By this action Health-Chem essentially seeks: (a) a declaratory judgment that Baker is obligated to renegotiate the terms of the Settlement Agreement; (b) to enjoin Baker from forcing Health-Chem to sell to the public or repurchase Baker's shares; and (c) to enjoin Baker from requiring Health-Chem to pay Baker the monies due under the Settlement Agreement.

DISCUSSION

Health-Chem's arguments against enforcement of the Settlement Agreement center on the terms of a restrictive covenant included in an Indenture executed by Health-Chem in April 1981. Pursuant to that Indenture, Health-Chem authorized and issued $20,000,000 in principal amount of Health-Chem debentures. See Indenture, Baker Affidavit in Support of Motion for Summary Judgment, Exh. C. Section 7.06 of the Indenture throws Health-Chem into default on the debentures if it were to "make any distribution on its Capital Stock or to its stockholders . . . or purchase, redeem or otherwise acquire or retire for value any Capital Stock" in excess of the "Available Amount." The Available Amount is defined in § 7.06(b) of the Indenture as fifty percent of Health-Chem's net earnings since 1980 plus any amount Health-Chem has received from the sale of its shares since 1980.

A. The Effect of the Indenture's Restrictive Covenant

Health-Chem contends that if it sells Baker's shares to a third party for less than $13.50 per share, the deficiency it must pay to Baker in return for his stock constitutes an indirect "distribution" under § 7.06. As such, the argument continues, the restrictive covenant in the Indenture bars Health-Chem from making the deficiency payment to Baker in excess of the Available Amount. As of June 30, 1988, the Available Amount totalled $3,474,206. Baker's 3(g) Statement ¶ 26. A "distribution" of more than the Available Amount would effect a default under § 7.06 of the Indenture, thereby resulting in an acceleration of payment of the $20 million principal outstanding debt.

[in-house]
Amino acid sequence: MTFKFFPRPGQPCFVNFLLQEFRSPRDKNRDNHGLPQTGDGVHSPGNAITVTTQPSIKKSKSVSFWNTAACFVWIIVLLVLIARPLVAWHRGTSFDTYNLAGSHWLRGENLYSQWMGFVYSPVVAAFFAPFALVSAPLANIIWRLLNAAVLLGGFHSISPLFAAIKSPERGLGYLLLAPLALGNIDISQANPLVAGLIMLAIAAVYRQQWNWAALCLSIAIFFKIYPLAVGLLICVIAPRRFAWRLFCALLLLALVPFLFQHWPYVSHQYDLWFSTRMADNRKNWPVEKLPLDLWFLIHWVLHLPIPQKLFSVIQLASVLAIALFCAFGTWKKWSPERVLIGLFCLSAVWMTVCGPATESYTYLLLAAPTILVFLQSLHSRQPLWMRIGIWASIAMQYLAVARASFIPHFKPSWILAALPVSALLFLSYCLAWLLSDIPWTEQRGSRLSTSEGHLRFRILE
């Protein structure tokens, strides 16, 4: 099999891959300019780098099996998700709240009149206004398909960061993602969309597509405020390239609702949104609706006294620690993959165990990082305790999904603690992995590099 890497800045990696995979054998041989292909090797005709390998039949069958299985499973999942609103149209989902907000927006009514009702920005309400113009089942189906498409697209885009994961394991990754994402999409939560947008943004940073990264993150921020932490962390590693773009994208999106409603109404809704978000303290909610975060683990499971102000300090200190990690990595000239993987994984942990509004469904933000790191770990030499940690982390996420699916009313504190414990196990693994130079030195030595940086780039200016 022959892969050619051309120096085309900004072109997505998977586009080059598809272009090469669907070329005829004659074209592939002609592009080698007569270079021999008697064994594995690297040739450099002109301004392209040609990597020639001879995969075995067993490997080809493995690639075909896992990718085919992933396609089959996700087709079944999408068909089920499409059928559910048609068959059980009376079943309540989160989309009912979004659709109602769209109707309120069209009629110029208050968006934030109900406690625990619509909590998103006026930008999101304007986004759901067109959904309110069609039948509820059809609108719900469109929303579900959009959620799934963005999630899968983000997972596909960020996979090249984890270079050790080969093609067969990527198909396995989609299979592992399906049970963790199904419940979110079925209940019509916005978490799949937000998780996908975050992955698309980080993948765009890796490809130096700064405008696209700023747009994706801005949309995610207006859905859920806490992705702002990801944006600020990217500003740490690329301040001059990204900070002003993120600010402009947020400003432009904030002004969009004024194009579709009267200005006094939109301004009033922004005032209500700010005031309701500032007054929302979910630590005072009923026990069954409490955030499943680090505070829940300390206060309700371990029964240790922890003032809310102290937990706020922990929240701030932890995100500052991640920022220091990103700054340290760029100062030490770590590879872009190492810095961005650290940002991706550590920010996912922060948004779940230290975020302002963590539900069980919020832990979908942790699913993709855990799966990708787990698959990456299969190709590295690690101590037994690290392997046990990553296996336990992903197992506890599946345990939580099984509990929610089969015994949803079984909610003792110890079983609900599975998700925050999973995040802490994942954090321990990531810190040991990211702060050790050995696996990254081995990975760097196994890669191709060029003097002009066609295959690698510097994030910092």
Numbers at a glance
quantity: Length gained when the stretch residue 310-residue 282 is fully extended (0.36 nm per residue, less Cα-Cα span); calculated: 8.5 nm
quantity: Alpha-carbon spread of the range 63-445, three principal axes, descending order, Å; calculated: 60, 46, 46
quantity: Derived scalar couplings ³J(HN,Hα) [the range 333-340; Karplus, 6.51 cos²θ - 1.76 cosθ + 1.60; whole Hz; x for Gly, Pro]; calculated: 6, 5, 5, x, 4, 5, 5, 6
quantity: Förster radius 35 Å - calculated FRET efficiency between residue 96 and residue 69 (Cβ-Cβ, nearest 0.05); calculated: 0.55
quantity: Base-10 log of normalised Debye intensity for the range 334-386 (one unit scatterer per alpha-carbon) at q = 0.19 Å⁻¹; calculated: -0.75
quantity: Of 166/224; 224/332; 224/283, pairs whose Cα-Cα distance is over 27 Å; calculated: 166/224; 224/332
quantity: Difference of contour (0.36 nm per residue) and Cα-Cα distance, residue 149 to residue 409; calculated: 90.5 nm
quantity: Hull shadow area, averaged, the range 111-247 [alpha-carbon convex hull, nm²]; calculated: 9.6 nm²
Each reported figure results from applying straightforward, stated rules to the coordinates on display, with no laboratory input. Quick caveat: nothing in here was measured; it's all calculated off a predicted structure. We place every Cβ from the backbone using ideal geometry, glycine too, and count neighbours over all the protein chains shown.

Health-Chem's interpretation of "distribution" relies on the admission of extrinsic evidence in order to determine the meaning to be given § 7.06. Admission of such evidence, however, is not warranted by the unambiguous provision of the Indenture nor supported by the law. Contract terms must be construed so as to give effect to the intent of the parties as indicated by the language of the contract. Curry Road Ltd. v. K Mart Corp., 893 F.2d 509, 511 (2d Cir. 1990). Extrinsic evidence of the contracting parties' intent is admissible only when the language of the contract is ambiguous. Id. Whether a contract term is ambiguous is a question of law. Id. Walk-In Medical Centers, Inc. v. Breuer Capital Corp., 818 F.2d 260, 263 (2d Cir. 1987). Contract language is not ambiguous when it has "`a definite and precise meaning, unattended by danger of misconception in the purport of the [contract] itself, and concerning which there is no reasonable basis for a difference of opinion.'" Hunt Ltd. v. Lifschultz Fast Freight, Inc., 889 F.2d 1274, 1277 (2d Cir. 1989) (quoting Breed v. Insurance Co. of North America, 46 N.Y.2d 351, 355, 385 N.E.2d 1280, 1282, 413 N.Y.S.2d 352, 355 (1978)). Conversely, a term is ambiguous when it is "`capable of more than one meaning when viewed objectively by a reasonably intelligent person who has examined the context of the entire integrated agreement and who is cognizant of the customs, practices, usages and terminology as generally understood in the particular trade or business." Walk-In Medical, 818 F.2d at 263 (quoting Eskimo Pie Corp. v. Whitelawn Dairies, Inc., 284 F. Supp. 987, 994 (S.D.N.Y. 1968)).

That the parties disagree as to the definition of the term "distribution" in § 7.06 does not in itself create a question of fact. See Wards Co. Inc. v. Stamford Ridgeway Assocs., 761 F.2d 117, 120 (2d Cir. 1985) ("words do not become ambiguous simply because lawyers or laymen contend for different meaning"). Health Chem's broad, not to say tortured, reading of "distribution" cannot, in any practical sense, be supported. Section 7.06 provides no more than that Health-Chem may not "make any distribution on its Capital Stock or to its stockholders . . . or purchase, redeem or otherwise acquire or retire for value any Capital Stock" in excess of the "Available Amount." Under the Settlement Agreement Health-Chem did not obligate itself to redeem any shares, either directly or indirectly; Baker's shares could be sold to third parties, and need not be returned to the company. As such, the payment of the deficiency to Baker would not result in any of the consequences of a "distribution" on stock as that term is commonly understood in a business context. A distribution with respect to Baker's shares would be payable to the owners of the shares, namely, the purchasers, and not Baker. A distribution would also result in the reduction of shareholders' equity and affect capital or surplus accounts. Yet Health-Chem's own consolidated statement of earnings for 1987 contains a provision for loss on the Settlement Agreement of over $10 million, which is treated as a deduction in computing loss from continuing operations.